BOSTON — Sheriffs urged state lawmakers Monday to boost the tax consumers will pay on recreational marijuana and earmark the additional revenue for substance abuse prevention and treatment.
The proposal was discussed at the final hearing of a special legislative committee that was set up to review the marijuana law voters approved in November. The panel is expected to issue recommendations by June.
"Not everyone will smoke responsibly, much in the same way many people don't drink responsibly," said Hampshire County Sheriff Patrick Cahillane, who predicted an uptick in addiction and more arrests from driving under the influence of marijuana.
The law currently calls for a 3.75 percent excise tax on retail marijuana sales, expected to begin in mid-2018. The excise would be imposed on top of the state's regular 6.25 percent sales tax, and local communities would have the option of tacking on an additional 2 percent tax.
The Massachusetts tax would be lower than those imposed in several Western states, including Colorado, Oregon and Washington, that previously legalized recreational marijuana.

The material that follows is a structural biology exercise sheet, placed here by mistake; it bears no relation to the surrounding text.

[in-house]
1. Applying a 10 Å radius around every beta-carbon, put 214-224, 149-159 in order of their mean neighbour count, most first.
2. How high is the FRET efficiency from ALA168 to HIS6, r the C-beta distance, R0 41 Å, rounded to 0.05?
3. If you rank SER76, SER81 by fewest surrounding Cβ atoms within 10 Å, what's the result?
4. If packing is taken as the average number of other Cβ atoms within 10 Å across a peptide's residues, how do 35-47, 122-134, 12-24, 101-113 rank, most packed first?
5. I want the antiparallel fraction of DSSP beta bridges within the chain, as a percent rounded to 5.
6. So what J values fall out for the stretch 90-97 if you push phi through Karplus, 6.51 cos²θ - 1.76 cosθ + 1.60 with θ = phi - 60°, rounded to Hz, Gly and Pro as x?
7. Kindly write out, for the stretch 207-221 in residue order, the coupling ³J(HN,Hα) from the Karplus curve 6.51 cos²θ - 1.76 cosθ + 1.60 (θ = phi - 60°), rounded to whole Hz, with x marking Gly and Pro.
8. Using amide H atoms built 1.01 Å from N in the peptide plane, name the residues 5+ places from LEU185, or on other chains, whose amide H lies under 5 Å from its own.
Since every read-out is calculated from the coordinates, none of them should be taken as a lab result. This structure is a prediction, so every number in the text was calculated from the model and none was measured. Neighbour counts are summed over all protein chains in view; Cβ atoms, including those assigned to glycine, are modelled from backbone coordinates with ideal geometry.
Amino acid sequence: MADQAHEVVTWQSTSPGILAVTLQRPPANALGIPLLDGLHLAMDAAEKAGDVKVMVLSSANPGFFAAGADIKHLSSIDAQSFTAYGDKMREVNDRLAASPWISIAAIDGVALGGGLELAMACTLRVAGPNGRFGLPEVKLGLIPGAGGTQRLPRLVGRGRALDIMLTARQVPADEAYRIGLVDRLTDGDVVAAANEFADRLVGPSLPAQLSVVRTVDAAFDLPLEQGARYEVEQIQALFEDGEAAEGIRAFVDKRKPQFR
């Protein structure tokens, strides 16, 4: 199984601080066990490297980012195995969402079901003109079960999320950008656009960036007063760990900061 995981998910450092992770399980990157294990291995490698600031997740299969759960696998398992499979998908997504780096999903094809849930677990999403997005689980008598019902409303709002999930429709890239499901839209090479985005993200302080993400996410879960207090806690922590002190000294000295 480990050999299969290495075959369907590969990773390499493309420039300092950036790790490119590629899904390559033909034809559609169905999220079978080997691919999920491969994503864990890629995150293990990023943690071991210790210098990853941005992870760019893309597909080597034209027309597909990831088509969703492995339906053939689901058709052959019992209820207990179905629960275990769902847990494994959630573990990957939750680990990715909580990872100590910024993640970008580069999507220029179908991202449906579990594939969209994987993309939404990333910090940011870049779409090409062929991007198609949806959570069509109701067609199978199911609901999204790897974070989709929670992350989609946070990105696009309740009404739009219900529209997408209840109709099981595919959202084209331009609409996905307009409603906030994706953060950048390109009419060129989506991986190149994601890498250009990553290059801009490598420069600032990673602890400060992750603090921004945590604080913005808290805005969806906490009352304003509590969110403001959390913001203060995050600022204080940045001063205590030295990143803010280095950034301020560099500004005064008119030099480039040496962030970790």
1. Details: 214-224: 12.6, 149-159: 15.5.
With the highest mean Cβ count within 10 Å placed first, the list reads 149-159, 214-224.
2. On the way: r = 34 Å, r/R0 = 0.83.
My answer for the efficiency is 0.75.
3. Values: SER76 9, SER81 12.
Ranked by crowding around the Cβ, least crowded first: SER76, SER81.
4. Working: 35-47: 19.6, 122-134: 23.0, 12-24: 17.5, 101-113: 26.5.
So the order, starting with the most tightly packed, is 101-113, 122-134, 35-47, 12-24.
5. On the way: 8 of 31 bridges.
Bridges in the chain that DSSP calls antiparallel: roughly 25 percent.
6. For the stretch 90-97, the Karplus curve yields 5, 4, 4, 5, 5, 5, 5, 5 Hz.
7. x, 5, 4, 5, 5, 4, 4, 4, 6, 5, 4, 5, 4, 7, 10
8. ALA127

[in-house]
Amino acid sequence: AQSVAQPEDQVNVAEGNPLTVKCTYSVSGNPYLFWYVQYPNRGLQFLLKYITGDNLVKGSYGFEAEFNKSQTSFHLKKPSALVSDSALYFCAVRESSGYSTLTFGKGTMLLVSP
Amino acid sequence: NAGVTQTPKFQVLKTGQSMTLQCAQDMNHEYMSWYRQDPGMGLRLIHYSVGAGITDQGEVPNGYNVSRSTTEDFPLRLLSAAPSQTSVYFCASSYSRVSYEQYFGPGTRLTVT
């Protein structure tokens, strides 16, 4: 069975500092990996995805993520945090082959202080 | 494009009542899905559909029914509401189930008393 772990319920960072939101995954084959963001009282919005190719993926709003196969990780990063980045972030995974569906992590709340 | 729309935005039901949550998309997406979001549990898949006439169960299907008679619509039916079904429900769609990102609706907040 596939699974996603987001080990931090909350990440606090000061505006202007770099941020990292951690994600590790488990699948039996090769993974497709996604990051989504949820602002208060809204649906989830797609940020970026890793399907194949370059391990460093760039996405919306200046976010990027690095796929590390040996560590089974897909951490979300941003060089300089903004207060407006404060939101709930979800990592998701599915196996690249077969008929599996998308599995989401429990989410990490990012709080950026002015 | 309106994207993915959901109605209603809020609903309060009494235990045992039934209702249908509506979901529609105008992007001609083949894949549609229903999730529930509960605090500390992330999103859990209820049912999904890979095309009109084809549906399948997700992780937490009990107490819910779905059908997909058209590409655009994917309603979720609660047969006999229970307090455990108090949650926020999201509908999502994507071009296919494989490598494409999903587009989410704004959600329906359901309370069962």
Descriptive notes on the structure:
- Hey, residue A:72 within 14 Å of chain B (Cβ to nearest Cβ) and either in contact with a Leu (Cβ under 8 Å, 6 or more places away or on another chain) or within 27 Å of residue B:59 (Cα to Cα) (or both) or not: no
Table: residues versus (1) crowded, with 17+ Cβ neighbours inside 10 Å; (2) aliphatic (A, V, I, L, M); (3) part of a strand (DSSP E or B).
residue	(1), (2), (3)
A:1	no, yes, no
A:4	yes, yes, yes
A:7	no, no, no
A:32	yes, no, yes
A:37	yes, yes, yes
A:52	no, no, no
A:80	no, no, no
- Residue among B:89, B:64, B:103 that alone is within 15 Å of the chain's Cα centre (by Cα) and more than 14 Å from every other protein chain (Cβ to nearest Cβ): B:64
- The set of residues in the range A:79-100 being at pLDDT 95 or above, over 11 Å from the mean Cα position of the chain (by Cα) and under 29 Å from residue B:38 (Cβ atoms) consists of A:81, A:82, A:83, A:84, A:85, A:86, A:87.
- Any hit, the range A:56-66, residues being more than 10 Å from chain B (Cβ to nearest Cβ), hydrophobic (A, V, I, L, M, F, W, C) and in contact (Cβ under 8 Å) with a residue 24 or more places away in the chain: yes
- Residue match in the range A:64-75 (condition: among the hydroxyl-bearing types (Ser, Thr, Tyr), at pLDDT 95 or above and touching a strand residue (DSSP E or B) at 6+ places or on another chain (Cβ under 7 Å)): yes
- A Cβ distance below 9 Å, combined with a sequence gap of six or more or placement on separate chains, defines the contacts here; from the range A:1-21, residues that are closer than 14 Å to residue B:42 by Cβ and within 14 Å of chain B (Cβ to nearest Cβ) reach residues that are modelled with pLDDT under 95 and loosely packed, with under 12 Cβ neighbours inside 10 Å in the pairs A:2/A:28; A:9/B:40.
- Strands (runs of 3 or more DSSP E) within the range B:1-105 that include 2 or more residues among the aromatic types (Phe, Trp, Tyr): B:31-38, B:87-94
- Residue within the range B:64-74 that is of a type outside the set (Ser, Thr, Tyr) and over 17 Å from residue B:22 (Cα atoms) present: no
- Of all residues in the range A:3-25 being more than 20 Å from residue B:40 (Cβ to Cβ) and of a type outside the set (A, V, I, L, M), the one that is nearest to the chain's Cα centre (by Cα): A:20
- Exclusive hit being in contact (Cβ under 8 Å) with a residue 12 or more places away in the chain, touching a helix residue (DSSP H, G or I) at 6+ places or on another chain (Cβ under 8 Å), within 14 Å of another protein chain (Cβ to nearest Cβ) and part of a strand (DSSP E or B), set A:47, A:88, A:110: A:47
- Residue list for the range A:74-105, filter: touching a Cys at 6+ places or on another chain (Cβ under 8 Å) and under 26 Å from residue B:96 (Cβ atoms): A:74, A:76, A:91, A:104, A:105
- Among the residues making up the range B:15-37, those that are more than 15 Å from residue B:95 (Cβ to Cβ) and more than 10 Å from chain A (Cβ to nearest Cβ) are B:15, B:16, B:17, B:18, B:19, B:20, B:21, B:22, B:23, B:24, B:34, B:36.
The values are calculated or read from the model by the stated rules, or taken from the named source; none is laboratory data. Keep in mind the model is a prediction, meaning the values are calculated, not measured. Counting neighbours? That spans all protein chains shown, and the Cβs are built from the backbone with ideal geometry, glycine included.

Sen. Patricia Jehlen, co-chairwoman of the Legislature's Marijuana Policy Committee, said she believed many lawmakers were receptive to the idea of earmarking some revenue from pot taxes to addiction prevention and treatment. But Jehlen has been skeptical of boosting taxes, arguing they should be low enough to entice consumers to purchase the drug legally and not continue relying on the underground market.
Cahillane and Hampden County Sheriff Nicholas Cocchi said nine of the state's 14 sheriffs are sponsoring a proposal that would boost the pot excise tax by 5 percent.
Advocates of legal marijuana have disputed claims that marijuana can be addictive or serve as a gateway drug to opioids and other more dangerous substances.
Jehlen said she's seen no evidence of a surge in addiction in other states that have legalized recreational marijuana.
Cocchi clarified: "I'm not saying everyone who smokes a joint is going to become an addict." But he pointed to his own experience of trying to cope with substance abuse through the county correctional system and the lack of financial resources available from the state to deal with the crisis.
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